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Uses and application of radiation in radioactive dating

uses and application of radiation in radioactive dating-69

While the number of protons is the same, the number of neutrons in the nucleus differs.

uses and application of radiation in radioactive dating-66uses and application of radiation in radioactive dating-69

History has forgotten the landlady, but George de Hevesy went on to win the Nobel prize in 1943 and the Atoms for Peace award in 1959.New kinds of sorghum, garlic, wheat, bananas, beans and peppers are more resistant to pests and more adaptable to harsh climatic conditions.In Mali, irradiation of sorghum and rice seeds has produced more productive and marketable varieties.Isotopes are different forms of an atom of the same chemical element.They have identical chemical properties but different relative atomic masses.Fertilisers 'labelled' with a particular isotope, such as nitrogen-15 and phosphorus-32 provide a means of finding out how much is taken up by the plant and how much is lost, allowing better management of fertiliser application.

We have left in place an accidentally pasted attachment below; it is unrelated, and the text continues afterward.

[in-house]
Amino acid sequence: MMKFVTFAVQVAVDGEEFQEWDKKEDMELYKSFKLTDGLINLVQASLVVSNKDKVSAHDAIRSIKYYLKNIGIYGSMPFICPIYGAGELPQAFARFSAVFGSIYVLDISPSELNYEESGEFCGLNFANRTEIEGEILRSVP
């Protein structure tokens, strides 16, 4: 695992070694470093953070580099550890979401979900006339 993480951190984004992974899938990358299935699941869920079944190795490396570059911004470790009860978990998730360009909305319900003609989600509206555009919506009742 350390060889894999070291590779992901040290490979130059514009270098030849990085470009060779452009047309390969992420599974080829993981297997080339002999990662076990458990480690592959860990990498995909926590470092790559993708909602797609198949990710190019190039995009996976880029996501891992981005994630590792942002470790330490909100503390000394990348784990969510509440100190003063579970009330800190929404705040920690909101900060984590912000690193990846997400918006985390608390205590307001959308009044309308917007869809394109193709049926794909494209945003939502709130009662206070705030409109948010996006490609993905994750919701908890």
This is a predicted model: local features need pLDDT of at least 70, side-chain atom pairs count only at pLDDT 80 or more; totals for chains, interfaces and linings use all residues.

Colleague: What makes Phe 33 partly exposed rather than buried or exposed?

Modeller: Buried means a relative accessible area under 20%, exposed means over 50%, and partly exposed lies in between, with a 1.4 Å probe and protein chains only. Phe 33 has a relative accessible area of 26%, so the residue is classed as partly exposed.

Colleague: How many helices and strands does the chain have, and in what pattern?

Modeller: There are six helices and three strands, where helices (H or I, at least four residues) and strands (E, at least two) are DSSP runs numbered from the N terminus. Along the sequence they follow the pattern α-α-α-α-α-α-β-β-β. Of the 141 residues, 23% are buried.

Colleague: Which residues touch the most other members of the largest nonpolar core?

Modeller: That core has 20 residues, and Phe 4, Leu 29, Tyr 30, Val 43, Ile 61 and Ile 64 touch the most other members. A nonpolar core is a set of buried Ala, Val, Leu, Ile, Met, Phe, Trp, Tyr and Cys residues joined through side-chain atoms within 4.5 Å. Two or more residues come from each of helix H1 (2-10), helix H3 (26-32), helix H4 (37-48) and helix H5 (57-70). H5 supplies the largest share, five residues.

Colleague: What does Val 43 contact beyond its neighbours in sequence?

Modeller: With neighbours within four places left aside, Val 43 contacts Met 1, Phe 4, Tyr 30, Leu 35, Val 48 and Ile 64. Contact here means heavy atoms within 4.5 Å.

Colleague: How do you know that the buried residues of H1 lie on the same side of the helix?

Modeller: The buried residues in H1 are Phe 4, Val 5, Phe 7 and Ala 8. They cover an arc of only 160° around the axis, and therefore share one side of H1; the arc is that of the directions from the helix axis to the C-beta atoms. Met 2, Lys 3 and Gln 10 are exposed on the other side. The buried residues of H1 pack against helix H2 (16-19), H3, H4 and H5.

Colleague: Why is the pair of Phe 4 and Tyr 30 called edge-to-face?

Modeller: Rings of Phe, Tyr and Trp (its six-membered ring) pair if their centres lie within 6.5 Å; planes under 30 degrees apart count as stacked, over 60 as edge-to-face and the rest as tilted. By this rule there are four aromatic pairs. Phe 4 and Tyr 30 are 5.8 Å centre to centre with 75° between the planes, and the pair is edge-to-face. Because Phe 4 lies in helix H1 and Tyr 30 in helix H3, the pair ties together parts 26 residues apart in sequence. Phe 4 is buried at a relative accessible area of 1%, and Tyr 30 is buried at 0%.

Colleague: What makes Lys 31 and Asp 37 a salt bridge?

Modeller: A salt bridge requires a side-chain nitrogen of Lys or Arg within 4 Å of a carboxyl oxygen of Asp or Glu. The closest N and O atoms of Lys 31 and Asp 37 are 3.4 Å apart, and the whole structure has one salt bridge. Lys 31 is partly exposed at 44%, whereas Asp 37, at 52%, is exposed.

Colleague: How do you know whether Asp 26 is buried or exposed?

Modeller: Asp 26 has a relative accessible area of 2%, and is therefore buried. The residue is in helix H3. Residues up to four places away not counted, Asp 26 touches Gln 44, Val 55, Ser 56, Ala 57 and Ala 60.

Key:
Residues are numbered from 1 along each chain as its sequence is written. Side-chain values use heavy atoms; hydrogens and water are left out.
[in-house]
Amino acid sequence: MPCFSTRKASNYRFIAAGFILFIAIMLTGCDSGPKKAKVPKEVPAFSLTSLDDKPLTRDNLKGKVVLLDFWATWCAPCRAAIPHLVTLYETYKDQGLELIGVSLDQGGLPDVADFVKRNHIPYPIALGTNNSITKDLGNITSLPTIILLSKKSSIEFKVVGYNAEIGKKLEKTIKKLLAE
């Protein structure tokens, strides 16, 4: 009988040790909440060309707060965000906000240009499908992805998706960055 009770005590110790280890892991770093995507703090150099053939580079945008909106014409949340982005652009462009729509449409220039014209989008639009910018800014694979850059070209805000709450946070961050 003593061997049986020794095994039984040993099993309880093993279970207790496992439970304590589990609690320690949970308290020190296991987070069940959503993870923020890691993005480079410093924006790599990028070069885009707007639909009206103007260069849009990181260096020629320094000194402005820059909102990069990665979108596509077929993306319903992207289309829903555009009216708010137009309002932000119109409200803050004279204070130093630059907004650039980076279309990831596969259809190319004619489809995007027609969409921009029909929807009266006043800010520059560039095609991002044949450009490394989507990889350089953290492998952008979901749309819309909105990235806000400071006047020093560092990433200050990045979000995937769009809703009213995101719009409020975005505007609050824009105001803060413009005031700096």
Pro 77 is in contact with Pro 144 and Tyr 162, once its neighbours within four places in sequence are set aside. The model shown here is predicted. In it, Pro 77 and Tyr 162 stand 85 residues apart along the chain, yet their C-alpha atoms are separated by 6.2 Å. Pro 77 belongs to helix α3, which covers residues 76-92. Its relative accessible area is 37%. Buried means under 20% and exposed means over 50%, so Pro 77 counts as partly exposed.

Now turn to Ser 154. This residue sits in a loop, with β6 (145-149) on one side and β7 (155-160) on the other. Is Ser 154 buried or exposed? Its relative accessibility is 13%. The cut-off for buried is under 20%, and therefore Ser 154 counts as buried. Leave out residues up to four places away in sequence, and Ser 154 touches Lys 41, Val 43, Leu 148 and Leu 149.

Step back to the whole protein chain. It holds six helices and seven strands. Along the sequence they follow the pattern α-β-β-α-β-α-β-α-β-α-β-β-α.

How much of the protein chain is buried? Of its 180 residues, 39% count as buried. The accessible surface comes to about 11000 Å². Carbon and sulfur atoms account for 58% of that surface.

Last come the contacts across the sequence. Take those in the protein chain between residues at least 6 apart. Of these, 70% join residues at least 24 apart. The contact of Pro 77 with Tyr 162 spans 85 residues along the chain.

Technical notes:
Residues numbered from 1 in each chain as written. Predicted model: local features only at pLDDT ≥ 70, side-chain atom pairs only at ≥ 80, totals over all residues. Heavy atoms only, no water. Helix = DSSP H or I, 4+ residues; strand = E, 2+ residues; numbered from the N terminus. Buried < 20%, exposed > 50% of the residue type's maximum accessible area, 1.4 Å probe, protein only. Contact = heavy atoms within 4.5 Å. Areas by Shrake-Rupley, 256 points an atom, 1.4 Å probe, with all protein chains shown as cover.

Using N-15 also enables assessment of how much nitrogen is fixed from the air by soil and by root bacteria in legumes.

The first power station to produce electricity by using heat from the splitting of uranium atoms began operating in the 1950s.

Today most people are aware of the important contribution nuclear energy makes in cleanly providing a significant proportion of the world's electricity.

George de Hevesy The first practical application of a radioisotope was made by George de Hevesy in 1911.

At the time de Hevesy was a young Hungarian student working in Manchester with naturally radioactive materials.

It is the radioactive nature of these unstable atoms, usually referred to as 'radioisotopes', which gives them so many applications in modern science and technology.